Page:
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Map of Spain, with provinces
National Museum of Romanticism, Madrid, Spain

Land and economy

In 1825 Spain lost most of its overseas possessions except for Cuba, Puerto Rico and the Philippines (lost in 1898). In 1833 provincial division was established to facilitate government administration. But Spain lacked good roads or an extensive rail network to facilitate the movement of goods or people, a major hindrance to the development of a national economy.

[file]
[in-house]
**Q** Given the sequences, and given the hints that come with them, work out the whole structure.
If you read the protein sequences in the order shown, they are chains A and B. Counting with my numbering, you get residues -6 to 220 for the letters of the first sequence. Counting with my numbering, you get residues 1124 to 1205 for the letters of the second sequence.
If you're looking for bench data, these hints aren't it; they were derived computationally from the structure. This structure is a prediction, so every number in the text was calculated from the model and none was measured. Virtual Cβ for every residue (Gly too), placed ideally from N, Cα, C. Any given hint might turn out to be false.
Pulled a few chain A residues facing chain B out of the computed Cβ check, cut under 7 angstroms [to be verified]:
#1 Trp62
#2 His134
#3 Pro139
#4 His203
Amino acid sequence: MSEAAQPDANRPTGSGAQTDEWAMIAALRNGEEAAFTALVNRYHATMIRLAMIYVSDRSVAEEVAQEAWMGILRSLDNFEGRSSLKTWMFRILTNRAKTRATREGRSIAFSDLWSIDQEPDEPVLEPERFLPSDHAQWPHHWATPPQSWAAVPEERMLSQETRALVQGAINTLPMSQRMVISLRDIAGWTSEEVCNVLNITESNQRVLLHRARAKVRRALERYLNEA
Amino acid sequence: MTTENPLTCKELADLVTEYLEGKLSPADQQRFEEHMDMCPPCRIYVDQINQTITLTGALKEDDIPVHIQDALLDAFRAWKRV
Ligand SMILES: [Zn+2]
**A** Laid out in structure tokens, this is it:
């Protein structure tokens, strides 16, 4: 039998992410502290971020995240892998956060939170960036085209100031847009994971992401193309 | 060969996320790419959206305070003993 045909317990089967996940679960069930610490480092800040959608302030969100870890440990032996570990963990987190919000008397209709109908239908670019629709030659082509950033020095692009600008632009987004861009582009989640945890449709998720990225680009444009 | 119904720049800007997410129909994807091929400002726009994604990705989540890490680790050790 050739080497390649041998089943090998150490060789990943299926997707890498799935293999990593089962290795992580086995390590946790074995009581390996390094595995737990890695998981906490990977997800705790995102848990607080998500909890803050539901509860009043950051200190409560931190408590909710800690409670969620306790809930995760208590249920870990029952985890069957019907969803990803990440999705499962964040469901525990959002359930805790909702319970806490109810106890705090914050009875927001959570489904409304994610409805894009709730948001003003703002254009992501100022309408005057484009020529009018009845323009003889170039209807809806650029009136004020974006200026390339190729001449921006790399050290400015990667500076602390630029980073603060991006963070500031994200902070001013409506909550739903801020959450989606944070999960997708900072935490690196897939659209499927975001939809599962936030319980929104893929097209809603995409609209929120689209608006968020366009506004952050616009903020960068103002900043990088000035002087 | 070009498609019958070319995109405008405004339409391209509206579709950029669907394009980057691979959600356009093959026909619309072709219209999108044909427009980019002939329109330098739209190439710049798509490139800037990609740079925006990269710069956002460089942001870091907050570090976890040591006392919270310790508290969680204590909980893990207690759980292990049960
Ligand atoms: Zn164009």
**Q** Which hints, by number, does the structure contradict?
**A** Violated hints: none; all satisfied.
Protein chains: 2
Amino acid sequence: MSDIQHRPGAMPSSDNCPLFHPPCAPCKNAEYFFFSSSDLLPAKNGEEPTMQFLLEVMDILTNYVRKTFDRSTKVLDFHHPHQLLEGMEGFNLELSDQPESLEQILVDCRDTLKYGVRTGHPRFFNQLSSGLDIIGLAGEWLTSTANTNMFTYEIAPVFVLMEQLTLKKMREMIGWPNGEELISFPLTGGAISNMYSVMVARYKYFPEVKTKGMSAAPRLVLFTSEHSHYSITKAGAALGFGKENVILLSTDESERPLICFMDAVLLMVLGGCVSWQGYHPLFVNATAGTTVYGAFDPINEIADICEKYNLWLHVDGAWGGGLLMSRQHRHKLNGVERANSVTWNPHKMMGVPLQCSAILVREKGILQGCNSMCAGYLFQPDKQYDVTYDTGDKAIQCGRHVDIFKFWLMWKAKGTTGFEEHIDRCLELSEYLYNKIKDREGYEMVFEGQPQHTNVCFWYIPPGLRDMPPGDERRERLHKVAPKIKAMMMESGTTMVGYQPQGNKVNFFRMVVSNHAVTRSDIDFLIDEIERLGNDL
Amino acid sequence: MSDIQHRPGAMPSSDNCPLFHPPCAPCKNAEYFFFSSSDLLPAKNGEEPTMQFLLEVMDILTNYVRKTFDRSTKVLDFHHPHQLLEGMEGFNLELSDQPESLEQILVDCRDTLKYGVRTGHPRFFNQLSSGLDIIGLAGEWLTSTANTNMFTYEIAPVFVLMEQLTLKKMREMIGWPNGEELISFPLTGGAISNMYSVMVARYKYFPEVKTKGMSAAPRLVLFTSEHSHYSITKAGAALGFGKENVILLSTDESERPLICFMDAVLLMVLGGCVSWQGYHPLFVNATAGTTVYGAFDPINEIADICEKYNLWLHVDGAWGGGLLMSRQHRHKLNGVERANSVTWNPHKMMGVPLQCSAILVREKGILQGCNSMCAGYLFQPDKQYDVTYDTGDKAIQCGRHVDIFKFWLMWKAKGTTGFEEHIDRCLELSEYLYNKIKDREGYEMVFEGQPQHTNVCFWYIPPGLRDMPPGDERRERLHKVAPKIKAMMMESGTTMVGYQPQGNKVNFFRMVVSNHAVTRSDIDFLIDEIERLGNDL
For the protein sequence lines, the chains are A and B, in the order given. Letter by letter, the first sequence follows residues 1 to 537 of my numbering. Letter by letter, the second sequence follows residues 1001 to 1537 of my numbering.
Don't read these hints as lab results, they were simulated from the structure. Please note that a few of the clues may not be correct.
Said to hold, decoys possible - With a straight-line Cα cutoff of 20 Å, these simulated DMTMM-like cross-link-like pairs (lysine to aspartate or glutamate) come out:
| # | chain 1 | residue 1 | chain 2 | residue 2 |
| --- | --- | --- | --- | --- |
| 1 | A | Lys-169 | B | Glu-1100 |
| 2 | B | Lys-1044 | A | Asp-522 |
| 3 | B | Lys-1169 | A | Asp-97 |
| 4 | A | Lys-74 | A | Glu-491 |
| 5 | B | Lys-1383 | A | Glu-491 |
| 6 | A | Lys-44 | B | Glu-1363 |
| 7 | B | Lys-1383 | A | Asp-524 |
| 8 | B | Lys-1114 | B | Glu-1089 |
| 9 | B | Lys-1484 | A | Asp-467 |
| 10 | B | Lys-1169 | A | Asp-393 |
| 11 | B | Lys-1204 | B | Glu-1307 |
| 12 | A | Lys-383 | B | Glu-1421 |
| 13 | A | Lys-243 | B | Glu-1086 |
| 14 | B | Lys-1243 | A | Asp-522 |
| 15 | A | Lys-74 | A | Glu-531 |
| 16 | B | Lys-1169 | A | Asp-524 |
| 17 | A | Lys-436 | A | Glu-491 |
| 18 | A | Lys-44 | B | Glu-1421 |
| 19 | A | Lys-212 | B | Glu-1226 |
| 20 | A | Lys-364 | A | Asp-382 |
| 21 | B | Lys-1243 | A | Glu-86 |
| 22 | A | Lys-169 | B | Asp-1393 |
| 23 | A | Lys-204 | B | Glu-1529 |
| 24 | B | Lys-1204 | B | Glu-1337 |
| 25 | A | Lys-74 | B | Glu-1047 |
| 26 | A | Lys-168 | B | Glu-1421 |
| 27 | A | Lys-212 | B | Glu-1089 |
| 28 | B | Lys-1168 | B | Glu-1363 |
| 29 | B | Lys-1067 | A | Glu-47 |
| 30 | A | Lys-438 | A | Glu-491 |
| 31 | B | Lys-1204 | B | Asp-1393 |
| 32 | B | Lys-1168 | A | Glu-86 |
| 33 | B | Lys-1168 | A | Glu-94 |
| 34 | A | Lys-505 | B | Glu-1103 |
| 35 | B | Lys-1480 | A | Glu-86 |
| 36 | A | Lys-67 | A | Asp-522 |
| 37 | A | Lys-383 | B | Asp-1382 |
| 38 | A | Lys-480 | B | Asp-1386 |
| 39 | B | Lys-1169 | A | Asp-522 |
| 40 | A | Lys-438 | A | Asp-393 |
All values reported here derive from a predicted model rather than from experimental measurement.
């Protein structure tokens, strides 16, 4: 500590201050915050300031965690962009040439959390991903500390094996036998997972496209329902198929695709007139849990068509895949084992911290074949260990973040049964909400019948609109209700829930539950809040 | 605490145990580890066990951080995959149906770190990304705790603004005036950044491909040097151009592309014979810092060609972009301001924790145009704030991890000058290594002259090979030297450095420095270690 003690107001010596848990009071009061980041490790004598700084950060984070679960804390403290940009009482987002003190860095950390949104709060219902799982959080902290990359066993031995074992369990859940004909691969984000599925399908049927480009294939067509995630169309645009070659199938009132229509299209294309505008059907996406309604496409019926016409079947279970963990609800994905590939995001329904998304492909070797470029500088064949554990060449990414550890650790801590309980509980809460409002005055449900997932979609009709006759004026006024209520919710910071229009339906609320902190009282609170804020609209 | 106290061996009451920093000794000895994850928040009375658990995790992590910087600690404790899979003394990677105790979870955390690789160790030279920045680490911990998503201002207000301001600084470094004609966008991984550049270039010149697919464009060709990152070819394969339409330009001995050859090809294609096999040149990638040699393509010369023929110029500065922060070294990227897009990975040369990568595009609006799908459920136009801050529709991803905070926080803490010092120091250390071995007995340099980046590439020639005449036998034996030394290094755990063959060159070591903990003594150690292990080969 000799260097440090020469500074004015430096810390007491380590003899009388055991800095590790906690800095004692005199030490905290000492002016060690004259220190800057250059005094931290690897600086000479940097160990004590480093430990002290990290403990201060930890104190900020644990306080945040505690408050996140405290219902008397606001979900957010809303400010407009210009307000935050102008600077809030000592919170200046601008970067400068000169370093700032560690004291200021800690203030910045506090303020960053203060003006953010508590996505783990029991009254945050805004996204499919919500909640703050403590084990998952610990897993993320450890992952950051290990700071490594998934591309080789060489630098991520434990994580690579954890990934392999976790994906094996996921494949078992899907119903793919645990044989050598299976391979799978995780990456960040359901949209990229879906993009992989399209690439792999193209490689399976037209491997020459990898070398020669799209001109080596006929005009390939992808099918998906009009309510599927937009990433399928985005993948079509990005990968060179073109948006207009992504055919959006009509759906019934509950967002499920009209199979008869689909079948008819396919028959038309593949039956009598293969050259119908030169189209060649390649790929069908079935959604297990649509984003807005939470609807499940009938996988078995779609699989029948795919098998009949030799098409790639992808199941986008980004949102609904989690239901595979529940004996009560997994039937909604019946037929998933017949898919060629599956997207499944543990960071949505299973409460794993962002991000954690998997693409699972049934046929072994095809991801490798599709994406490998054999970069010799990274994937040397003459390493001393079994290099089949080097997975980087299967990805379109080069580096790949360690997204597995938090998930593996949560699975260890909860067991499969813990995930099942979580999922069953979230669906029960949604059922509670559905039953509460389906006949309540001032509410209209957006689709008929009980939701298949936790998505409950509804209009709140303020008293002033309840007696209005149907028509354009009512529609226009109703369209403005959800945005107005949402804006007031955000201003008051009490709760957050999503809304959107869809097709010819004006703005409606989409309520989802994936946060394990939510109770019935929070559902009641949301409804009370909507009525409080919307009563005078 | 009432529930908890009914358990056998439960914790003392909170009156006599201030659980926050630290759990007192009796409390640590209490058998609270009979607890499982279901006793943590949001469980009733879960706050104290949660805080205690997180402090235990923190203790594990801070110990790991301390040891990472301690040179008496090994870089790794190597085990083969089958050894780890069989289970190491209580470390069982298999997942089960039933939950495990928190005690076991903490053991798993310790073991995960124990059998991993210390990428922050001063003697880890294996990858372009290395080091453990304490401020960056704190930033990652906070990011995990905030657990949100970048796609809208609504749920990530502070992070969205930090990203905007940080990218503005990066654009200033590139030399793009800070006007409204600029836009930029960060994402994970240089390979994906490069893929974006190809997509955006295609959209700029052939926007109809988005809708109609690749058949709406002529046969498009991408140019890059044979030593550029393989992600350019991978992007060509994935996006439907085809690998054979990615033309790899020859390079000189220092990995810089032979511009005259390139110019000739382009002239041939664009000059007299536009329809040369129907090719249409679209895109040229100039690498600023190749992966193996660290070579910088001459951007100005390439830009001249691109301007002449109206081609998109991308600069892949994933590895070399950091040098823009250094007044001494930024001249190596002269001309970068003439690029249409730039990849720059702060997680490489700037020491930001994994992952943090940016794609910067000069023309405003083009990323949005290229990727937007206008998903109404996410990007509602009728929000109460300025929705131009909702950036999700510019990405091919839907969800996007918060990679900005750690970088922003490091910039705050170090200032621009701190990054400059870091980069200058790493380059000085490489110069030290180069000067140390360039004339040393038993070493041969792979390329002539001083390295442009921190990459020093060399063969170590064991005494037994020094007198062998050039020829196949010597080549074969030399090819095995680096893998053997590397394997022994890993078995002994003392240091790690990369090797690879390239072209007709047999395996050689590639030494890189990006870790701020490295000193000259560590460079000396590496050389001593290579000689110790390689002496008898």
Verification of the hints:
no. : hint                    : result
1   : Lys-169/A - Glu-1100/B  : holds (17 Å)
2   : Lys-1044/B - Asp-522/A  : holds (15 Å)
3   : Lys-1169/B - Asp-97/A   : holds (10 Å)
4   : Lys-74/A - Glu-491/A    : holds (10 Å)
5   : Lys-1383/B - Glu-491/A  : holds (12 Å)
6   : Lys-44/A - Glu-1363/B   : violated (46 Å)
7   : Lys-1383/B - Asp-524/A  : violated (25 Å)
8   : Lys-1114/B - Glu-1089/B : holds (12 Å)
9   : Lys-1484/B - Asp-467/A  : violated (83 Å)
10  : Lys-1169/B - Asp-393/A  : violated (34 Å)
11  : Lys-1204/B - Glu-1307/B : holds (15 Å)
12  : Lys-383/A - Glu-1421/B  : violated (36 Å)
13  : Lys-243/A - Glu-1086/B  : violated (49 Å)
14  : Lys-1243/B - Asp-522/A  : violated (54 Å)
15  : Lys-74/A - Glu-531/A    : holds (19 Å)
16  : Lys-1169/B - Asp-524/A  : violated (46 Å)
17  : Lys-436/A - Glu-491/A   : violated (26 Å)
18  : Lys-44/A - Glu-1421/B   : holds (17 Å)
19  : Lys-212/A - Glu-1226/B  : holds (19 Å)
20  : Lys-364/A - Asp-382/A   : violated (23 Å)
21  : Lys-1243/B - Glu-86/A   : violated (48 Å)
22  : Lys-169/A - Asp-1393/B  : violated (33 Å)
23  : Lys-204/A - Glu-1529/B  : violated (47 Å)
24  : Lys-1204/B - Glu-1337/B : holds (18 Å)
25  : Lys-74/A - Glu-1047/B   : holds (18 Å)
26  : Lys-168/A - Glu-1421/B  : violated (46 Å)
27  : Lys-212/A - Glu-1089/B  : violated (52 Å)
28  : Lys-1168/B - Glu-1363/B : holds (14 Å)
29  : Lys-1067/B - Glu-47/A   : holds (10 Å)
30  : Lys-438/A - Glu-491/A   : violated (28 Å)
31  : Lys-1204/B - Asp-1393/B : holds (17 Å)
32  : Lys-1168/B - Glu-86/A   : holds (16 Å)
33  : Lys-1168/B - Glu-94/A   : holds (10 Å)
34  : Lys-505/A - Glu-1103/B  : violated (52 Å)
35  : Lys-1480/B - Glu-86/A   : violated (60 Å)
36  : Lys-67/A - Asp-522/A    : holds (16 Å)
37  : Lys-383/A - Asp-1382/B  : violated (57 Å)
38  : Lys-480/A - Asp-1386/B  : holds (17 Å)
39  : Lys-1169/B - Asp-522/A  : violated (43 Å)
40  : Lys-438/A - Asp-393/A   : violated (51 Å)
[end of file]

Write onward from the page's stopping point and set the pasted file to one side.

Most people were peasants. Some earned their living as labourers, a few owned the land they worked on and very few, the nobility and the Church, owned large tracts of land. Lack of water was the main resource that limited increases in the production of crops. The government sold not only Church lands but also mining rights, and many foreign companies came to exploit this throughout the country. Catalonia developed a textile industry to export to the colonies and foundries were established in the Basque country. Anarchists preached first to peasants and then to miners and industrial workers. Socialists followed and both began to mobilise against patrons and the government.